ROBIN COSTE LEWIS is the author of Voyage of the Sable Venus (Knopf, 2015), and winner of the 2015 National Book Award in Poetry. She is a Provost’s Fellow in Poetry and Visual Studies at the University of Southern California. Lewis is also a Cave Canem fellow and a fellow of the Los Angeles Institute for the Humanities. She received her BA from Hampshire College, her MFA in poetry from NYU, and an MTS in Sanskrit and comparative religious literature from the Divinity School at Harvard University. A finalist for the Rita Dove Poetry Award, she has published her work in various journals and anthologies, including The Massachusetts Review, Callaloo, The Harvard Gay & Lesbian Review, Transition: Women in Literary Arts, VIDA, Phantom Limb, and Lambda Literary Review, among others. She has taught at Wheaton College, Hunter College, Hampshire College, and the NYU Low-Residency MFA in Paris. Lewis was born in Compton, California; her family is from New Orleans.
November 15, 2016
Rickey Laurentiis & Ocean Vuong
Rickey Laurentiis was raised in New Orleans, Louisiana. He is the author of Boy with Thorn, selected by Terrance Hayes for the 2014 Cave Canem Poetry Prize (University of Pittsburgh Press, 2015) and is the recipient of several honors, including a Ruth Lilly Fellowship from the Poetry Foundation as well as fellowships from the Civitella Ranieri Foundation in Italy, the National Endowment for the Arts and Washington University in St Louis. His poems appear in Poetry, New England Review, The New Republic, Kenyon Review and Boston Review, among other journals. A resident of Brooklyn, New York, he has taught at Columbia University and the Saturday Program at The Cooper Union.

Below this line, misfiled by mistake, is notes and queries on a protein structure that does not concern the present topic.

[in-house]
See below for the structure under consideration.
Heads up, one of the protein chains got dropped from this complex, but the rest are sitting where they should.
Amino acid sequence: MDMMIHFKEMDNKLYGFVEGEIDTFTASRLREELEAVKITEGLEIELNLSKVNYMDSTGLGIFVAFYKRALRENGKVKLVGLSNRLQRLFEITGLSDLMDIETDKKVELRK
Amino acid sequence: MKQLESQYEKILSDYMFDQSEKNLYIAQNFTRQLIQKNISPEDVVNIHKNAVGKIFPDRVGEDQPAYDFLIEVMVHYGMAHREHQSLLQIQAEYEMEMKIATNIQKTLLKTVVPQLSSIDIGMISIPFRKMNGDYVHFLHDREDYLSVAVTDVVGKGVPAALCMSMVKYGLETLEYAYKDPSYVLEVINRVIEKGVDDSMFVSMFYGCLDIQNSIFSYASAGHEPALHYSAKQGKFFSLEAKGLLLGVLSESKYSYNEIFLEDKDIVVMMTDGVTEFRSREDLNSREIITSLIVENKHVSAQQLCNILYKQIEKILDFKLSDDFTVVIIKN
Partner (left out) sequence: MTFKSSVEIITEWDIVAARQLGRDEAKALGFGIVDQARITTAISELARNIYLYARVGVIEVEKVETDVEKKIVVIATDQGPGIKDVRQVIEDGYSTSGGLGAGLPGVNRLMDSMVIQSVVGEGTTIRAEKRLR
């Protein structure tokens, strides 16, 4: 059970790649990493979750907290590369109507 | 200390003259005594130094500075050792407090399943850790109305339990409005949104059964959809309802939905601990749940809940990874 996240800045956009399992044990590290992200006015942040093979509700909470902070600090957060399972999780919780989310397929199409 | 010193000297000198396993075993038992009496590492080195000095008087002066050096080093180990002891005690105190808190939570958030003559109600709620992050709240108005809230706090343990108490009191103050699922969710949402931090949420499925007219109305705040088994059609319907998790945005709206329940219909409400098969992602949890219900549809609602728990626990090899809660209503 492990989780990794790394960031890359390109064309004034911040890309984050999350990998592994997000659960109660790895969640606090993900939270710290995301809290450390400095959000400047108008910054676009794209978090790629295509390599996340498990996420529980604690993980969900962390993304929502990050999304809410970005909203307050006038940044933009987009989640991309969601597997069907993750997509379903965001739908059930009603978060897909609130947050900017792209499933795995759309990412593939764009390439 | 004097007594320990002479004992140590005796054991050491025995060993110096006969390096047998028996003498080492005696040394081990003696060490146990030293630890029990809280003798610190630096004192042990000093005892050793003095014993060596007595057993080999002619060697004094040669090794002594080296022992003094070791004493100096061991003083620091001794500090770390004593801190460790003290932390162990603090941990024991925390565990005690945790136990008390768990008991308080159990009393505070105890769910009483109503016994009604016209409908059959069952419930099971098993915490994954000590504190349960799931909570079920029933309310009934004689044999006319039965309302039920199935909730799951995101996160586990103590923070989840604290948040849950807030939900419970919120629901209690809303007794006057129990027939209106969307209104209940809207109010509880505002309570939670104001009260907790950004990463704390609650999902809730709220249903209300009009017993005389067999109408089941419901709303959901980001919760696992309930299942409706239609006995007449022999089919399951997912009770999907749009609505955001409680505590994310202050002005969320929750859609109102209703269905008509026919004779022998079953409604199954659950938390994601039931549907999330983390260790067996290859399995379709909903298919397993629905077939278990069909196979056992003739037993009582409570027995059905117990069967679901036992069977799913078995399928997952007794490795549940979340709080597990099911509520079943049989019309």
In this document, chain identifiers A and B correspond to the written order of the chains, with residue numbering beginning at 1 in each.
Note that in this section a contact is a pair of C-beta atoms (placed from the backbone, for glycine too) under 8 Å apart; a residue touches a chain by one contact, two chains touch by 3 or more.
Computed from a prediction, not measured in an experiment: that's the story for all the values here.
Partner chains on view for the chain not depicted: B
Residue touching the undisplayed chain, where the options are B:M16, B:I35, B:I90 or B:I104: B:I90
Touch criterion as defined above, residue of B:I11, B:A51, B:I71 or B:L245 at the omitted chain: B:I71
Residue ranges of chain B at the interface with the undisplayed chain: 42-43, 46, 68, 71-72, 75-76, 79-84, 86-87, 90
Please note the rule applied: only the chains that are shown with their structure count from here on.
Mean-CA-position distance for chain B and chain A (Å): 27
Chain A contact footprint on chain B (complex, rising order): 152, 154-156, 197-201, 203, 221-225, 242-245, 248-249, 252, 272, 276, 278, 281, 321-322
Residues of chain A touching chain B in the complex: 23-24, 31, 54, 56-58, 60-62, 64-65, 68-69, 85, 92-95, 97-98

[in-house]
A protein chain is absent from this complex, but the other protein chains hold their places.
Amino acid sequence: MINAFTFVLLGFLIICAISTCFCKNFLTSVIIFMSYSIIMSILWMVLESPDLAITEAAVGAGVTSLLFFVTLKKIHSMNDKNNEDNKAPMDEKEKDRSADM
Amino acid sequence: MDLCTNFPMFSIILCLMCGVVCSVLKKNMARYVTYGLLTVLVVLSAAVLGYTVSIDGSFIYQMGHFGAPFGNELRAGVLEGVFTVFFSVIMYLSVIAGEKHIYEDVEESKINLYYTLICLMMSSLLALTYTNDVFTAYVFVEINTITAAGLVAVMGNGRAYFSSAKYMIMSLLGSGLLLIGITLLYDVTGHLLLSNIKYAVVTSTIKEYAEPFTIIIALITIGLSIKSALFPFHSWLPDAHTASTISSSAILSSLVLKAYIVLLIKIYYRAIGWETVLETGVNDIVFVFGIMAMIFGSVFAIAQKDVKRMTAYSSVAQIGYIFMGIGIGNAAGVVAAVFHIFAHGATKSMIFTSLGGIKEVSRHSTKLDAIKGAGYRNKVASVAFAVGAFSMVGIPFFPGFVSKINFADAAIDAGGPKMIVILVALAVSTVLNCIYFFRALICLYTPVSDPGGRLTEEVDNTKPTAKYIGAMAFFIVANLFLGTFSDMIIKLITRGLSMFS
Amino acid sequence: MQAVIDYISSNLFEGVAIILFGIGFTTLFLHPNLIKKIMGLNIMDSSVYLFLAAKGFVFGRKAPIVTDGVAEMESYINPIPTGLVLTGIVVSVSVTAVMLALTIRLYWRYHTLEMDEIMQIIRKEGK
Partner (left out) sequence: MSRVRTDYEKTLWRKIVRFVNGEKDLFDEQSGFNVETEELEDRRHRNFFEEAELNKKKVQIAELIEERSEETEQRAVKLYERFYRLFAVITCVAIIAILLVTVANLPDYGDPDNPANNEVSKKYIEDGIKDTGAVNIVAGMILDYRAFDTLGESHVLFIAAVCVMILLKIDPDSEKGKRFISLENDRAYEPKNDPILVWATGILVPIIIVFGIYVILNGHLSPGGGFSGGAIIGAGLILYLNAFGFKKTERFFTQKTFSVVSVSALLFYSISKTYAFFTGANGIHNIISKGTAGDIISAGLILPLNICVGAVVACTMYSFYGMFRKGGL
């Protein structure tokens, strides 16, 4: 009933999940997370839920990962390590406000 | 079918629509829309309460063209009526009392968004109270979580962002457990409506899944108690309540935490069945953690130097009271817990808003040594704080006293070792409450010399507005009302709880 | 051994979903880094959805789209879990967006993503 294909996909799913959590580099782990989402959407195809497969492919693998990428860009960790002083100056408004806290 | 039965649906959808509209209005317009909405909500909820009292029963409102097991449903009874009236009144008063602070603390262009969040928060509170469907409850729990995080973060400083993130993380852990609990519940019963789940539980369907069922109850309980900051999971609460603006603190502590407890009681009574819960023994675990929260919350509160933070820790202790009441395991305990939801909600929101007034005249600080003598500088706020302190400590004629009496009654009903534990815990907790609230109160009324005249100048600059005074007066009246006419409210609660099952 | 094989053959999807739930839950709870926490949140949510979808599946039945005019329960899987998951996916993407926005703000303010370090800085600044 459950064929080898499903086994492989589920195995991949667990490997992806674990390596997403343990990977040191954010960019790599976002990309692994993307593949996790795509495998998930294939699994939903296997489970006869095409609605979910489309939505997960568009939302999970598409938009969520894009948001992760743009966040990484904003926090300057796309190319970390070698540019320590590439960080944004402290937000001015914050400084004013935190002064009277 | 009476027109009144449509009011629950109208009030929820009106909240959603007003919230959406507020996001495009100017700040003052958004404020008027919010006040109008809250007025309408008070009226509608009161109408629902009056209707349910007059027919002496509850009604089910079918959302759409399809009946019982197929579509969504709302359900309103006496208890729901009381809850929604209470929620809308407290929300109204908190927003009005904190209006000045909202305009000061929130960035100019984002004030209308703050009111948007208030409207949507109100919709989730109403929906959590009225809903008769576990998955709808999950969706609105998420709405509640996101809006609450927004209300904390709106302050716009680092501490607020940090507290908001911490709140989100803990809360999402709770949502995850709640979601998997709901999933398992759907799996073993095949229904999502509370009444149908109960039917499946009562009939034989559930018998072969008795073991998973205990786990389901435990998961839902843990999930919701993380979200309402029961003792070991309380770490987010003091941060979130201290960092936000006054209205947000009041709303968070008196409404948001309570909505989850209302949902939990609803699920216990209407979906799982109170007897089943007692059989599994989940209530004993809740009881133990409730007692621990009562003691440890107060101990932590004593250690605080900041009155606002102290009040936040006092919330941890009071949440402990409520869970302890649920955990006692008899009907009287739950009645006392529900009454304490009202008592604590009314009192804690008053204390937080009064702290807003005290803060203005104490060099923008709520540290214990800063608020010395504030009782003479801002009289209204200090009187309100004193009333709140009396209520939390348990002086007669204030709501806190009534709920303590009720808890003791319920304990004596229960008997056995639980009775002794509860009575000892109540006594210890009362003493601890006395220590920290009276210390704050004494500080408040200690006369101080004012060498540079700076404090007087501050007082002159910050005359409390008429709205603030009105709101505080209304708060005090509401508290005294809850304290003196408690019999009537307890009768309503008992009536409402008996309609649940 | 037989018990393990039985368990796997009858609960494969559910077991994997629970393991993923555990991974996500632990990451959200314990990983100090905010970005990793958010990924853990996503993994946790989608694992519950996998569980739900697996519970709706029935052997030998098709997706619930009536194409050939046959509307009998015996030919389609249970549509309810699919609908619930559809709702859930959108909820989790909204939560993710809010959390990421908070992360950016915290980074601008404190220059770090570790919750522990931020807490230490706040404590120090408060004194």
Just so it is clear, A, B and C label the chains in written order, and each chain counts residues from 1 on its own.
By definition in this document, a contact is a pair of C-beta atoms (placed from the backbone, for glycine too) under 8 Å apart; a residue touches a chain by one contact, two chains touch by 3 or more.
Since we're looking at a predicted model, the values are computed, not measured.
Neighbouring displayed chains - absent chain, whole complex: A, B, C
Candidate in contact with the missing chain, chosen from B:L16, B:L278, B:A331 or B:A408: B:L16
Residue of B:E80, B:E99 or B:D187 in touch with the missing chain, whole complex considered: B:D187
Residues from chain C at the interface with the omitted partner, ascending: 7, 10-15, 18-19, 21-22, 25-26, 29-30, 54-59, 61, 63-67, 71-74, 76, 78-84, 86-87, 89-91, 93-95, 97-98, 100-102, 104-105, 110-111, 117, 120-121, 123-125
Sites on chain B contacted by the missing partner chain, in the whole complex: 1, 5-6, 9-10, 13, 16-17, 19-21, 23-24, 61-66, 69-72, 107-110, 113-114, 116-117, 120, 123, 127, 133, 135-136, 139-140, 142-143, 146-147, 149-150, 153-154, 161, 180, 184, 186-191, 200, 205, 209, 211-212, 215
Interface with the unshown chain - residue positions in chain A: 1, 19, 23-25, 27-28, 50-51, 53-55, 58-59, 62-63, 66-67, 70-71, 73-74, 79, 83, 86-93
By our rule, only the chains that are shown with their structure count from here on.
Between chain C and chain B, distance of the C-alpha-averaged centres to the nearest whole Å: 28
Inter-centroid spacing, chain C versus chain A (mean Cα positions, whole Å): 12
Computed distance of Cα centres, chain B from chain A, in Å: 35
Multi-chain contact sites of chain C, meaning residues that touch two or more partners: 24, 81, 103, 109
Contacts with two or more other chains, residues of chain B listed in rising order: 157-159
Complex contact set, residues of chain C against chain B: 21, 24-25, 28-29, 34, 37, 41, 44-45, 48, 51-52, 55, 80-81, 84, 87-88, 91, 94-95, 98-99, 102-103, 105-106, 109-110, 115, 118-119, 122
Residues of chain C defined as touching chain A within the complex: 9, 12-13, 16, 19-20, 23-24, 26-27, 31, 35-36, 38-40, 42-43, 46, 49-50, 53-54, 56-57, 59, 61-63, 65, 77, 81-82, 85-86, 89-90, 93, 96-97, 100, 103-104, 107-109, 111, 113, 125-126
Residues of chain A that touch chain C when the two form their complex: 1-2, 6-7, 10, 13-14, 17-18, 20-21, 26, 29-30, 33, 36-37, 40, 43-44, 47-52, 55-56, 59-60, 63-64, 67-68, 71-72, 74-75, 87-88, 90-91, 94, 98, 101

Ocean Vuong is the author of Night Sky with Exit Wounds (Copper Canyon Press, 2016). A 2014 Ruth Lilly fellow, he has received honors from Poets House, The Civitella Ranieri Foundation, The Elizabeth George Foundation, The Academy of American Poets, and a 2014 Pushcart Prize. His poems appear in Best New Poets, Boston Review, Kenyon Review, The Nation, New Republic, The New Yorker, Poetry, Tri-Quarterly, and American Poetry Review, which awarded him the 2012 Stanley Kunitz Prize for Younger Poets. Born in Saigon, Vietnam, he lives in New York City.
February 21, 2017
Ian Frazier & Kathryn Schulz
Ian Frazier is the author of eleven books, including Travels in Siberia, Great Plains, On the Rez, Coyote V. Acme, Dating Your Mom, Nobody Better, Better Than Nobody, The Fish’s Eye, Gone to New York: Adventures in the City, Great Plains, Lamentations of the Father (a collection of humor essays), and Family, which tells the history of his family in America, from the early Colonial days to the present, reconstructing two hundred years of middle-class life. Frazier is a staff writer at The New Yorker. He has been contributing to the magazine since 1974, when he published his first piece in The Talk of the Town. A year later, the magazine ran his short story “The Bloomsbury Group Live at the Apollo.” Since then, he has published numerous short stories and nonfiction, Shouts & Murmurs, and Talk of the Town pieces in the magazine. He is the recipient of a Whiting Award and the March Sidney Award. He lives in Montclair, New Jersey.
Kathryn Schulz is a staff writer at The New Yorker. She is the former book critic for New York Magazine and the author of Being Wrong: Adventures in the Margin of Error. The 2012 recipient of the National Book Critic Circle's Nona Balakian Prize and a 2004 recipient of the Pew Fellowship in International Journalism, she has reported from throughout Central and South America, Japan,and the Middle East.
March 7, 2017
Robyn Schiff & Eula Biss